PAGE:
The Vax-A-Million drawings will pay out $5 million to winners throughout Ohio, and other states are following suit with their own vaccine lotteries. Credit: iStock / Getty Images Plus.
You have a 1-in-2.8 million chance of winning the Vax-A-Million, but at least a 1-in-3 chance of enjoying the Ohio Capital Journal Mailbag column. With those odds in mind, let’s get started:
Got a question about Ohio politics/government? Send them by email to [email protected] or tweet them to @tylerjoelb.
Can you take the Vax-A-Million winnings as a lump sum or annuity like the lotto? How much do people net with an income at the average U.S. income level? How many foreign language speakers signed up since registration is only in English?
– Sarah Ingles, on Twitter.
Answers: I’ll go one at a time here.
The Vax-A-Million rules say the payment is given in a lump sum approximately six weeks after the drawing date. There’s no option to accept your winnings in smaller, annual chunks.
(This works out well for me in my plan to use my eventual winnings to buy the Longeburger Basket building in Newark to serve as a combination Ohio Capital Journal bureau-greasy spoon diner. A reporter can dream.)
It pretty much doesn’t matter what your income level is going into the drawing, because the moment you win, you’re catapulted to the highest income bracket.
For Ohio, the highest tax bracket is $221,300+ in yearly earnings — you’d pay $8,143 in taxes, plus around 4.8% of everything over that $221,300 mark.
For the federal government, the highest tax bracket is $518,401+ in yearly earnings for single filers — you’d pay $156,235 in taxes, plus 37% of everything over that $518,401 mark.
The local taxes depend on where you live.
If I’m doing the math right, a Vax-A-Million winner can expect to bank something in the ballpark of $600,000, give or take money depending on your tax filing status and whatever your municipal taxes are.
Regarding the number of foreign language speakers, that’s likely impossible to know. There’s debate as to whether the database of entrants is a public record, and even if it is, it would be difficult to ascertain (among millions of names) how many speak English versus how many do not.
The state has set up a Vax-A-Million hotline that people can call (1-833-427-5634) to register over the phone rather than through the website.
Are they required to publish the winners’ names, even though Ohio is a state where lottery winners can remain anonymous?
– @SparkyTory, on Twitter.
Answer: Yes, all the names are made public.
In fact, by registering for Vax-A-Million, you are consenting to the state of Ohio using your name and likeness “in perpetuity, for purposes of advertising and trade without further compensation, notification or permission unless prohibited by law, in any and all media now known or hereafter devised.”
In other words, the state can (and will) use you to promote not just the vaccine lottery but vaccine availability itself. The next time I’m on I-71 to Cleveland, I fully expect to pass Grandpa’s Cheesebarn and see a billboard showcasing the Vax-A-Million winners’ smiling faces. “These Ohioans got their COVID-19 shot and won a million bucks. So could you!”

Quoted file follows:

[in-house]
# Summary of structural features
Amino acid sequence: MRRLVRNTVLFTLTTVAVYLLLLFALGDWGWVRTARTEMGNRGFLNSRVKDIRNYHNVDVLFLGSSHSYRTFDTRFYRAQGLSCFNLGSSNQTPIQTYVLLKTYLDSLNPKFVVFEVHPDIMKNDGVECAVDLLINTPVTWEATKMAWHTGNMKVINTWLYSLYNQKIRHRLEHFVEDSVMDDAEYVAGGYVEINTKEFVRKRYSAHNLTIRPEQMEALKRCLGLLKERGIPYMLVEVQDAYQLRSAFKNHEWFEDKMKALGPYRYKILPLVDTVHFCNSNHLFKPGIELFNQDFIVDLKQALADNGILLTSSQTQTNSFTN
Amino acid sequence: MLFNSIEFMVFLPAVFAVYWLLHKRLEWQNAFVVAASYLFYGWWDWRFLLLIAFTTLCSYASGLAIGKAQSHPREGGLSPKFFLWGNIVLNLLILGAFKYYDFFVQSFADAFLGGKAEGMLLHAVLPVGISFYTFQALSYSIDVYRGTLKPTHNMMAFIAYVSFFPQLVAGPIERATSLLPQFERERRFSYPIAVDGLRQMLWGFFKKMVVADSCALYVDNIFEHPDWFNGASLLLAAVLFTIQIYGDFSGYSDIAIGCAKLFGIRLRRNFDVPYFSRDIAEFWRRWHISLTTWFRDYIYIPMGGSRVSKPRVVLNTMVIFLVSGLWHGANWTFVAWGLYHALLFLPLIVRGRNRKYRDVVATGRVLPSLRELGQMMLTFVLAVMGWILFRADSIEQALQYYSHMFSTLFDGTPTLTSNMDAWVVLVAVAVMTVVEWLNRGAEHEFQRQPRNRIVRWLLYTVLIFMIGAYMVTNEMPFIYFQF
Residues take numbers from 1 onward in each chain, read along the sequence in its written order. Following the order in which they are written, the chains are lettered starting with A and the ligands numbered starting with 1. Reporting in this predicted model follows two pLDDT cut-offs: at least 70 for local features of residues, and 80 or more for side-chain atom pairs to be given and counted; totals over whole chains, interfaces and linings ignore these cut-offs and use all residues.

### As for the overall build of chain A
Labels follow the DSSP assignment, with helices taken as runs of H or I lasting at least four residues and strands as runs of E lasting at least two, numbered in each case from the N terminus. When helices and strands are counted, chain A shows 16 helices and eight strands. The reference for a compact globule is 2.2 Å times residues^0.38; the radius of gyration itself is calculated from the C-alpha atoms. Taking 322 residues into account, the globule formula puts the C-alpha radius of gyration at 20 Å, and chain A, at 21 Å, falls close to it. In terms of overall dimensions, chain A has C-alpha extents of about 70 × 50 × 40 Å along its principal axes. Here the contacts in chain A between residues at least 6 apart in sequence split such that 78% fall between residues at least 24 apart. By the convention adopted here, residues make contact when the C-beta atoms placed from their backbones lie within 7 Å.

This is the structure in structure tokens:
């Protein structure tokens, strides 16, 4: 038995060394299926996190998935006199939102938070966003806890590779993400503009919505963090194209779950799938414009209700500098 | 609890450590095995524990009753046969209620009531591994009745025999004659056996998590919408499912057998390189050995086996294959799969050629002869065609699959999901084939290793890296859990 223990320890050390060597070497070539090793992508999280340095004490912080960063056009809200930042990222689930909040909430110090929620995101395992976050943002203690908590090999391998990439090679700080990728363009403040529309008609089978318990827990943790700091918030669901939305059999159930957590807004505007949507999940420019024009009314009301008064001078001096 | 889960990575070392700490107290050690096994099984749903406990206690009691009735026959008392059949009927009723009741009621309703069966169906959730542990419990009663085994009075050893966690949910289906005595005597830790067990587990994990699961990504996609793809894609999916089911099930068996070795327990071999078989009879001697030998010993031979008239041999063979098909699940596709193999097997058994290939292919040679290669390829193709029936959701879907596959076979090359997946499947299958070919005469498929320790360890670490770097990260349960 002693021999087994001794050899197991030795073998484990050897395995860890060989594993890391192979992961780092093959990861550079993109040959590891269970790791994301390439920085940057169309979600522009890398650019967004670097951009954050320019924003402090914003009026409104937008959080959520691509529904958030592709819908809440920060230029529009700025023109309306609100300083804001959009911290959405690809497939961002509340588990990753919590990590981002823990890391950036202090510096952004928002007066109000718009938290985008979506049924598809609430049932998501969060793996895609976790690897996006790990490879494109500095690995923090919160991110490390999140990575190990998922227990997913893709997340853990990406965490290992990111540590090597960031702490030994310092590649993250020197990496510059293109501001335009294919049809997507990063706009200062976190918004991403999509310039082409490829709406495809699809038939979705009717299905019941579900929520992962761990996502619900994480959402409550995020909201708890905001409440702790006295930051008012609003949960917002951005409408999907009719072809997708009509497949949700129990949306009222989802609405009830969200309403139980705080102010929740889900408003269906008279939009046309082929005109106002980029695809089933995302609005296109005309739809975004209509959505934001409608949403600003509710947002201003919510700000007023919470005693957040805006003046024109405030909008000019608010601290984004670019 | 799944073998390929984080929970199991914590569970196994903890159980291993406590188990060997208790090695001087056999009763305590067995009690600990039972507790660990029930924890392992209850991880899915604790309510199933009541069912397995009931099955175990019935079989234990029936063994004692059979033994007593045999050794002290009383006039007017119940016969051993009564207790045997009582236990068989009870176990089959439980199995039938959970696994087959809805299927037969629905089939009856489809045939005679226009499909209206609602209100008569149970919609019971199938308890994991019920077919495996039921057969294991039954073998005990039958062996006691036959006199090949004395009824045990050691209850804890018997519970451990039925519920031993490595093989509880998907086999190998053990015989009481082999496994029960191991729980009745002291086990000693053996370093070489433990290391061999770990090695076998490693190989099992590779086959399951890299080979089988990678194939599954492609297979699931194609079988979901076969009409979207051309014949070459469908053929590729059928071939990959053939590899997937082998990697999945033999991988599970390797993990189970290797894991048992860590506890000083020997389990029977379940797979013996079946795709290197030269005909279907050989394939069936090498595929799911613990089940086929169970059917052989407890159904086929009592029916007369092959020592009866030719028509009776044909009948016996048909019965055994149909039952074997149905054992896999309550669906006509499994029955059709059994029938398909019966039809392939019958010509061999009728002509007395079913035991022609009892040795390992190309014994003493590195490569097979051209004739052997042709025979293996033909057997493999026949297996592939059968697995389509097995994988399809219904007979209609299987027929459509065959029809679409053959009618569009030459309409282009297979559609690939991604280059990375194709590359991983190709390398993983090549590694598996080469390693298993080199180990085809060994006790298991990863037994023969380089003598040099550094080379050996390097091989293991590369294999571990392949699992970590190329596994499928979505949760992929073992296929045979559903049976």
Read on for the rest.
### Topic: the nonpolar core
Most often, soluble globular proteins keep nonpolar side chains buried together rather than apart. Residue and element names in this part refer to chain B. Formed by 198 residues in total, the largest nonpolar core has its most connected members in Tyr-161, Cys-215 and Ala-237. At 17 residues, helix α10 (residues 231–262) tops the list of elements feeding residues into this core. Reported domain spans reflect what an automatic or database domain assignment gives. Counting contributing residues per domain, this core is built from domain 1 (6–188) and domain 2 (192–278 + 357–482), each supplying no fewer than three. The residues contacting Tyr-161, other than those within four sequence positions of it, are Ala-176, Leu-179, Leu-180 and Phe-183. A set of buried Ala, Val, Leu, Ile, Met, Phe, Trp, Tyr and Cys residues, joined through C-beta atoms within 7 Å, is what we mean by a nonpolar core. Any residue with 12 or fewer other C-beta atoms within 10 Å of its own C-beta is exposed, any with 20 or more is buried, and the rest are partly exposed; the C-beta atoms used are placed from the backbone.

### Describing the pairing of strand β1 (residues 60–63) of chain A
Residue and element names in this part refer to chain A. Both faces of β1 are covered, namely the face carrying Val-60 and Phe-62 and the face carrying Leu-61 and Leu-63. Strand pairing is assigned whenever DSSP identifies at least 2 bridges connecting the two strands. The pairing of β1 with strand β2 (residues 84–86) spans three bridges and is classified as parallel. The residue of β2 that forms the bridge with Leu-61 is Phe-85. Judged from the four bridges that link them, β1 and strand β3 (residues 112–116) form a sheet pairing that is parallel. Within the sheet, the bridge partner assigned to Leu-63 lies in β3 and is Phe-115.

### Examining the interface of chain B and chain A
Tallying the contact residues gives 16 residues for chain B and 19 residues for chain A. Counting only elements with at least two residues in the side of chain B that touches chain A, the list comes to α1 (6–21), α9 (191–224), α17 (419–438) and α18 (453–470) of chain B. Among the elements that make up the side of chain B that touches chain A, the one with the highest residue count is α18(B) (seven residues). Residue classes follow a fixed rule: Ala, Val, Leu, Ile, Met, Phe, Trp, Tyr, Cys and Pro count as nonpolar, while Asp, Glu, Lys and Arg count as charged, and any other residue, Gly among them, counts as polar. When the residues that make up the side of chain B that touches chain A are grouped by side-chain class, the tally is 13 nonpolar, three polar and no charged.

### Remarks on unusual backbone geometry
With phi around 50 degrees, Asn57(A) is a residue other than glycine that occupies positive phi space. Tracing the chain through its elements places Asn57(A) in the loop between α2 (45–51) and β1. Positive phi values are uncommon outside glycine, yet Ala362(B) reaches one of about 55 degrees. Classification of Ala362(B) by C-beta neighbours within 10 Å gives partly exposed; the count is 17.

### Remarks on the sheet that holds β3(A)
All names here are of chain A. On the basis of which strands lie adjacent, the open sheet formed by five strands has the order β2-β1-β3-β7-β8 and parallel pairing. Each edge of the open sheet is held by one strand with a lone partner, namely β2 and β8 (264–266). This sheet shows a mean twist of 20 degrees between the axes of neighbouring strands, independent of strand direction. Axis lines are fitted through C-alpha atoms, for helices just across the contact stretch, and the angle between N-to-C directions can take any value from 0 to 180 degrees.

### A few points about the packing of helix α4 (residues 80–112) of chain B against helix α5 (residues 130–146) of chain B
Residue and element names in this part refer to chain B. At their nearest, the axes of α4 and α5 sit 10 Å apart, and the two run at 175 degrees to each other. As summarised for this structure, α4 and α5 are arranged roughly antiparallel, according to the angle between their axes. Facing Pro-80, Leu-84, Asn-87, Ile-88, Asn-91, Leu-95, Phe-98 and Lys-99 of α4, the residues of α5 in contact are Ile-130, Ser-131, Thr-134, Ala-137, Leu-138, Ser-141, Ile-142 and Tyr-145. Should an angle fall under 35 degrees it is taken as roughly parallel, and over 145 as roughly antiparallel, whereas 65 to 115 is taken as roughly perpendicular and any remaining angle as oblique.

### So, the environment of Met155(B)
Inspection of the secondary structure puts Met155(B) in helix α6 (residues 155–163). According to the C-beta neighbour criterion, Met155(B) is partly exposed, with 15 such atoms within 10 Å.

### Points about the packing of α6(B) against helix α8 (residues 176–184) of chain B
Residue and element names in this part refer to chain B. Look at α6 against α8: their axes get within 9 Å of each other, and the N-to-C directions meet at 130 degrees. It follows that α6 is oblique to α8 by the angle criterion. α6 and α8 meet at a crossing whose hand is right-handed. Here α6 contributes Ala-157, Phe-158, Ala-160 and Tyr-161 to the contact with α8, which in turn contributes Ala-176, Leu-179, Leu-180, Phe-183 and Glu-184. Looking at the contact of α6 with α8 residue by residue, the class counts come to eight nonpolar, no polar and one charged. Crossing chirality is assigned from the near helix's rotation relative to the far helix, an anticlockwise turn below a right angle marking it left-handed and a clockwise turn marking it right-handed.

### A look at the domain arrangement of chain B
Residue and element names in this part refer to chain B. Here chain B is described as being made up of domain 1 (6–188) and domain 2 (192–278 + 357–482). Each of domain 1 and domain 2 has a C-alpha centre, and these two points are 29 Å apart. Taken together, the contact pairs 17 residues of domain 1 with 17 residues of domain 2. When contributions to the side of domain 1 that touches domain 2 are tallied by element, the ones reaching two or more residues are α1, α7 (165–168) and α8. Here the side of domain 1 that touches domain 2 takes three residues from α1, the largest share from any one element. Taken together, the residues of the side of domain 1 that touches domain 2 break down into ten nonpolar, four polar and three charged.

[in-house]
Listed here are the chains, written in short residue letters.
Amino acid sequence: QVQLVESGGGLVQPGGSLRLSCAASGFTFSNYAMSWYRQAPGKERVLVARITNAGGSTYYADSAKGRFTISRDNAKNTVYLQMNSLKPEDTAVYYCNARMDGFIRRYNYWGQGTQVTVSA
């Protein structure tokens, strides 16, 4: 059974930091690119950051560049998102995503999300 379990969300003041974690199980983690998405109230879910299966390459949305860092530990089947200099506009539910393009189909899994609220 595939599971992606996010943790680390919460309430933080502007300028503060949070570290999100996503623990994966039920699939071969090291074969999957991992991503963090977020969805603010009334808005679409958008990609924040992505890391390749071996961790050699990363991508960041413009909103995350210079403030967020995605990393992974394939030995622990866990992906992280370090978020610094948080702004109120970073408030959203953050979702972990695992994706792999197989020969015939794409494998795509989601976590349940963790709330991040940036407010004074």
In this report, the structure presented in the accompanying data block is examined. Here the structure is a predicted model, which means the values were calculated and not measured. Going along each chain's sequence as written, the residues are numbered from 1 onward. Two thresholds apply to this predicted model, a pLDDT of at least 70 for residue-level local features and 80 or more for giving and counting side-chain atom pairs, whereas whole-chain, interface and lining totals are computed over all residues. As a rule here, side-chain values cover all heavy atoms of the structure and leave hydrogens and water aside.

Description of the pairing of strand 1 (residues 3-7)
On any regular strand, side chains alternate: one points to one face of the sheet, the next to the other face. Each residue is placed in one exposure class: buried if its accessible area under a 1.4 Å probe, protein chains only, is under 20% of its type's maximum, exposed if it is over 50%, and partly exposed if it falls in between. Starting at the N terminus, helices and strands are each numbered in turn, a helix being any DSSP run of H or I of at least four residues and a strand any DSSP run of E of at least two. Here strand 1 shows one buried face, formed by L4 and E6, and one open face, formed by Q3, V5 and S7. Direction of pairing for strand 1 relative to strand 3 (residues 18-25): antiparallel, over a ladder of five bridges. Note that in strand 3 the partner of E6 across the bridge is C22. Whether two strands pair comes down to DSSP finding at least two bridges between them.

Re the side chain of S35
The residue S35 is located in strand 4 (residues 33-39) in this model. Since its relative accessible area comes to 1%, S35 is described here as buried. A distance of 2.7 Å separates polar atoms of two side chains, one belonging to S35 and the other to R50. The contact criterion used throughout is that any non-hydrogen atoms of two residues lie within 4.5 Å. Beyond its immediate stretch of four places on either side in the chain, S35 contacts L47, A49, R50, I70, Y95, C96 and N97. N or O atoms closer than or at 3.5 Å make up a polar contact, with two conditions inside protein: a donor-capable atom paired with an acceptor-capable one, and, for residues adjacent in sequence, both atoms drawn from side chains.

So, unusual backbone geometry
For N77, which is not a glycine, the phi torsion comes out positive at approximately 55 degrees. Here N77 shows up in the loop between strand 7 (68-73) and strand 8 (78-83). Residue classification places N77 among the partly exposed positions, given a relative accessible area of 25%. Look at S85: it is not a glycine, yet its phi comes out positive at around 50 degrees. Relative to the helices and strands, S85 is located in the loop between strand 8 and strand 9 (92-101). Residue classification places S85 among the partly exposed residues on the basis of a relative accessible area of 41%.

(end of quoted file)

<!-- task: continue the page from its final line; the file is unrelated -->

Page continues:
Gov. Mike DeWine wasted no time in sharing a picture of his visit with the first scholarship winner. (It didn’t hurt that the winner lives only about 30 minutes from the governor’s home.)
Congrats, Joseph! You just won a full-ride college scholarship! If you’re between 12 and 17 years-old and had at least one dose of the vaccine, you could be next! Sign up at https://t.co/ZmJ8iKoSlV! pic.twitter.com/StHlWewhW5
— Mike DeWine (@MikeDeWine) May 27, 2021
After a year of being the bearer of bad news, DeWine now gets to spend a month dishing out prizes like he’s with the Publishers Clearing House. During a re-election campaign, no less.
There are obvious downsides to having your name and face published all across the state as having won a lottery. Second cousins and long lost friends come out of the woodwork to ask politely for a slice of the pie. Not to mention the strangers and internet sleuths who predictably snoop around your social media profiles.
This, however, is what Ohioans willingly signed up for in putting their names in the hat.
Whether you like the program or not, it makes some sense the state would use the winners’ stories to try to push other Ohioans to get the vaccines and enter the drawings.
After all, this isn’t a normal lottery. It’s a marketing tool.
Here are some important and interesting Ohio Capital Journal articles you may have missed:
Cherry bombs in drop boxes? Election officials say Ohio boxes are secure – I fact checked some claims about drop box security in a recent legislative committee hearing by talking with elections officials across Ohio.
Even with 11 generic competitors, prices for one drug remain a lot higher than they need to be – Reporter Marty Schladen gives a close look at the reasons for why some drug prices remain so high.
Second ‘critical race theory ban’ enters Ohio House – There are now multiple proposals under consideration in the Ohio Statehouse to ban “critical race theory” from being taught in schools, Susan Tebben writes.
One year after murder of George Floyd, police reform stalled in Ohio – Jake Zuckerman’s story reflects on the year of inaction on police reform legislation, and what the governor is still hoping to achieve in the months ahead.
Vax-A-Million: Is it worth it? – Guest columnist Rob Moore looks at the pros and cons of the vaccine lottery to determine if it’s a “gamble worth considering.”
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